One Day of Silence and Solitude | Part 2
It’s now 12:03. I want to pray.
20 minutes have passed. Almost 12:30. I’ve been on my knees, believing God enjoys seeing me there. I’ve been slowly praying and thinking about Lewis’s “festooned” version of the Lord’s Prayer. The words were in my conference packet. It goes like this:
I join with all the angels and the saints in hallowing Thy name
May Thy Kingdom,
there in obedient nature, there in the lives of the most obedient humans, and there in heaven, Come here.
May Thy will be endured, obeyed, and celebrated;
May it be done, by me, now; I humbly submit to all future afflictions, And I open myself to receive all future blessings.
Give us all we need today.
Help us to go on forgiving and confessing;
and help us to ignore an uneasy conscience or uneasy feelings which may either vaguely accuse or vaguely approve, and to go about our business.
Make straight our paths;
and spare us, where possible, from all crises,
whether of temptation or affliction; and even from our previous prayers
if we have asked anything which would be for us a snare or sorrow.
For thine is the sovereign goodness which claims
my obedience, thine is the sovereign power, thine is the beauty so old and so new and thine is the light from behind the sun.
I prayed the words again just now as I wrote them. Almost 12:30 now is 12:30. I’m off my knees, back on the chair by the desk in room 419. No visions. No overwhelming joy. No deep sense of bringing God pleasure. Maybe some awareness that I’m on a good path. But nothing more.
George MacDonald was right: “…the better the gift we pray for, the more time is necessary for its arrival.” I want expensive gifts. I’m already saved. That gift’s all paid for. But now I want to be so immersed in the rhythm of Trinitarian life that I feel no pressure to “pull it off” when I teach or write or counsel, that I am rather consumed by a fiery, relaxed, yearning to represent the kingdom well for the pleasure of the Father.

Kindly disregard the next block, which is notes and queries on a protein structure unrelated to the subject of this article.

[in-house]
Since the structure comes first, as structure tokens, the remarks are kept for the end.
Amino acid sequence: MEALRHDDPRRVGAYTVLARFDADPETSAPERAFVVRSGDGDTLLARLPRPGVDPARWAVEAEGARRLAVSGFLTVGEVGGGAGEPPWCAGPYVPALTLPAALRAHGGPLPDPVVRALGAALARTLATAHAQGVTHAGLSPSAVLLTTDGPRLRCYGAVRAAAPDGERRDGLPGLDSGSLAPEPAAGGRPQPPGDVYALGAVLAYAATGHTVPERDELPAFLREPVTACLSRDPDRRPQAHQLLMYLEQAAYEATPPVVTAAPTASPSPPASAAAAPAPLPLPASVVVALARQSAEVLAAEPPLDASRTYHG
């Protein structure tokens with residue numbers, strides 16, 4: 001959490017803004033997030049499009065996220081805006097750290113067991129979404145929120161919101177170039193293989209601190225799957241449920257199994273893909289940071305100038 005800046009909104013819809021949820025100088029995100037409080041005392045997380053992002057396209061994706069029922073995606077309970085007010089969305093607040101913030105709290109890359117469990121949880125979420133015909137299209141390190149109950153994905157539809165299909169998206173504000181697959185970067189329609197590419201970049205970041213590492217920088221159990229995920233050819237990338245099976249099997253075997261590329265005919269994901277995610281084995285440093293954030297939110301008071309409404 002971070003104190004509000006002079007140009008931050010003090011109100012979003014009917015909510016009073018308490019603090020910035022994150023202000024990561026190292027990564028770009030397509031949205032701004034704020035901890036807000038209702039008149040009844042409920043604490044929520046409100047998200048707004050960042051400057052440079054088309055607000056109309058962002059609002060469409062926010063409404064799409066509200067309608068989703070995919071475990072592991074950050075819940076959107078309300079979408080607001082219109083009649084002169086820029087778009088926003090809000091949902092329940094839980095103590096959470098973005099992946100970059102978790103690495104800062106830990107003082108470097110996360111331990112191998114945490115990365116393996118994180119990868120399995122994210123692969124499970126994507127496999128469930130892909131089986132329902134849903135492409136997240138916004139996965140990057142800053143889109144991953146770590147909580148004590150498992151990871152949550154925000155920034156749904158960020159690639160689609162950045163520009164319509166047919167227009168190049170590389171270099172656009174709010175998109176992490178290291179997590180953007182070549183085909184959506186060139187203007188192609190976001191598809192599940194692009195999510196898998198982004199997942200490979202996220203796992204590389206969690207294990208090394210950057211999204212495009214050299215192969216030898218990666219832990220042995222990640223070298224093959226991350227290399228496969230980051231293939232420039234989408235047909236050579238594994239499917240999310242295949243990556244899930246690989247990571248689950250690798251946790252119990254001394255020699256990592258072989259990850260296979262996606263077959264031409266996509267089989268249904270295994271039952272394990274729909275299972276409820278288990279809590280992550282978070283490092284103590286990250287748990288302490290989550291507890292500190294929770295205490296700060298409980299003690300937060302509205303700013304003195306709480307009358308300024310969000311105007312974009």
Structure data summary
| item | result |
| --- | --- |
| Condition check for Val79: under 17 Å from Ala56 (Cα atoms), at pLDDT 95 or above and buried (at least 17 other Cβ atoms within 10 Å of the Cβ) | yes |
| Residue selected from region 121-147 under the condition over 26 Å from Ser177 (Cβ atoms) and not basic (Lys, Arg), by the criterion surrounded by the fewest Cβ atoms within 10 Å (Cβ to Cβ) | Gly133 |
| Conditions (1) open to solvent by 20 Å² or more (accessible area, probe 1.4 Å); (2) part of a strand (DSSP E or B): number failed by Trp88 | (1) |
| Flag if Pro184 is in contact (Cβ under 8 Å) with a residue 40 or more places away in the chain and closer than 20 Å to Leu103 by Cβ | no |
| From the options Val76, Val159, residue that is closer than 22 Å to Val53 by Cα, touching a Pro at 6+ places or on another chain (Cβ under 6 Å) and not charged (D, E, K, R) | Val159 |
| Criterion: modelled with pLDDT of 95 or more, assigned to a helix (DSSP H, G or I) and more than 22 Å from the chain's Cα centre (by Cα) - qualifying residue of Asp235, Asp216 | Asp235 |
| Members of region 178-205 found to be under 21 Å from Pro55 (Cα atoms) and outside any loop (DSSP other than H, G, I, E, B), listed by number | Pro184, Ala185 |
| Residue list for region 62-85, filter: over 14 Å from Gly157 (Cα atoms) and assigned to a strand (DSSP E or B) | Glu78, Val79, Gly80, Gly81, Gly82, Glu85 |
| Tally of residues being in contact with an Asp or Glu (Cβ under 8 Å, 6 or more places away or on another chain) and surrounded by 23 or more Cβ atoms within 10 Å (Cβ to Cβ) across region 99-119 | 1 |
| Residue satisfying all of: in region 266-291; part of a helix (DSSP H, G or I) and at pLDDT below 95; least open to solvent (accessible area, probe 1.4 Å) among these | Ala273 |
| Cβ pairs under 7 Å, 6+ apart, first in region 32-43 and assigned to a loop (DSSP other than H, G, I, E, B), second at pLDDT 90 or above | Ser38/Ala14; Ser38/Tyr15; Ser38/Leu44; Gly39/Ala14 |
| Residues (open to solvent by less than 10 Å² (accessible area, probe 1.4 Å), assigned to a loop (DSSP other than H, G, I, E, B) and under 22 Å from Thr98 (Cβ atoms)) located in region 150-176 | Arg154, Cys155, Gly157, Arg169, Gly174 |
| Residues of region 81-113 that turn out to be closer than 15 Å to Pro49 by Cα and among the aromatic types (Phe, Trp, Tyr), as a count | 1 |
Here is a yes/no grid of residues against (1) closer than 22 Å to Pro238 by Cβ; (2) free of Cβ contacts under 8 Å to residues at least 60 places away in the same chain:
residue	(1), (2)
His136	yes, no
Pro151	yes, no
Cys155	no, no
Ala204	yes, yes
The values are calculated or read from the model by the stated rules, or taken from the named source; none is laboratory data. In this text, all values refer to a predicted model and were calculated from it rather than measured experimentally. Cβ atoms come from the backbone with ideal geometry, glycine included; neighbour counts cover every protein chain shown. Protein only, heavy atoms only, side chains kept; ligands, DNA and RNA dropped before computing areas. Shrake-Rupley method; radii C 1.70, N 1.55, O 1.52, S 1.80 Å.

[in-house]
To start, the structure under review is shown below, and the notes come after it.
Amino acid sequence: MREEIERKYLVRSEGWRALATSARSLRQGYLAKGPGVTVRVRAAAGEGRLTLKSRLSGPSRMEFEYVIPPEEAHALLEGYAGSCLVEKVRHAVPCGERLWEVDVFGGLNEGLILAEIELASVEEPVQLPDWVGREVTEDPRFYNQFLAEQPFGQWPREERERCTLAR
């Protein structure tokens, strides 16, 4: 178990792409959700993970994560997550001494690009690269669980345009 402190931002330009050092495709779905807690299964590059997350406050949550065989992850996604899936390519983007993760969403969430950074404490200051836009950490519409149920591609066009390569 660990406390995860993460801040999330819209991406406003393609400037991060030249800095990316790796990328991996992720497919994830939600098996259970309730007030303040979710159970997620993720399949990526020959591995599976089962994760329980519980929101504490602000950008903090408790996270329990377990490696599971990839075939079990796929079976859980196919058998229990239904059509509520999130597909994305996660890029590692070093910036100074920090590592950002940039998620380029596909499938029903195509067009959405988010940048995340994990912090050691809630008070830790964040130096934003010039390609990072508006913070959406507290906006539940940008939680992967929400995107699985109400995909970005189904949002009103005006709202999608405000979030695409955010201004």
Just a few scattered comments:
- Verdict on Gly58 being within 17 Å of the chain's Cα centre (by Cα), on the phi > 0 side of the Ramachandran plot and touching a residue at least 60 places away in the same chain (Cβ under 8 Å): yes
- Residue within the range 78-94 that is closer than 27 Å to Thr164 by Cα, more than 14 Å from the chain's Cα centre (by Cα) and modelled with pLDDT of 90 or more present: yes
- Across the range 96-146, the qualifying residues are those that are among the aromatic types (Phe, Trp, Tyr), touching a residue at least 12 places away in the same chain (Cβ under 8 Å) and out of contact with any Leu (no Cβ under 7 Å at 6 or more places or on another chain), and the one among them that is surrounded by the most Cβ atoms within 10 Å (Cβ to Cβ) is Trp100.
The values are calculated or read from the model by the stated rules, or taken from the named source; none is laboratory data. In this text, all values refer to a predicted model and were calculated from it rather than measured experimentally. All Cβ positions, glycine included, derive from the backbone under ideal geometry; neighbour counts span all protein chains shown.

That’s the gift I want. Apparently its arrival will take more than the several weeks it took God’s angel to reach Daniel with the gift he prayed for.
Time for a nap. I’m tired. 5 minutes later. I just had to get up and write this: two noisy kids have been happily (for them) playing in the hallway. I felt annoyed, put upon, interrupted, by their noise. I don’t think Paul would include this intrusion into my comfort under “momentary afflictions”, those severe but somehow still light and passing trials that the hope of glory empowers us to endure. And yet it still required teeth-clenching restraint to not yank my door open, scold those ill-mannered pests, and, to make my point, slam the door shut again. I guess my goal of a spiritually formed soul is still a long way off.
As I’m writing this, I just noticed – the kids are gone. The thought crosses my mind: God just honored my self-restraint. I am so superstitious, so manipulative, so obsessive, so possessed by the spirit of entitlement. While I’m beating myself up, it just occurred to me – I picture God patiently smiling. Back to bed, in welcome silence.
I just woke up. It’s 1:20, a short nap. But I feel refreshed. What next? Exercise!
That was a good decision. It’s now 2:30. I returned to my room a few minutes ago after a pretty good workout in the hotel’s fitness center. For 40 minutes on the treadmill, I read as much as I could (not hurriedly) in my favorite commentary on Daniel. Good thoughts flowed into my mind as I treadmilled that I now want to “lectio”.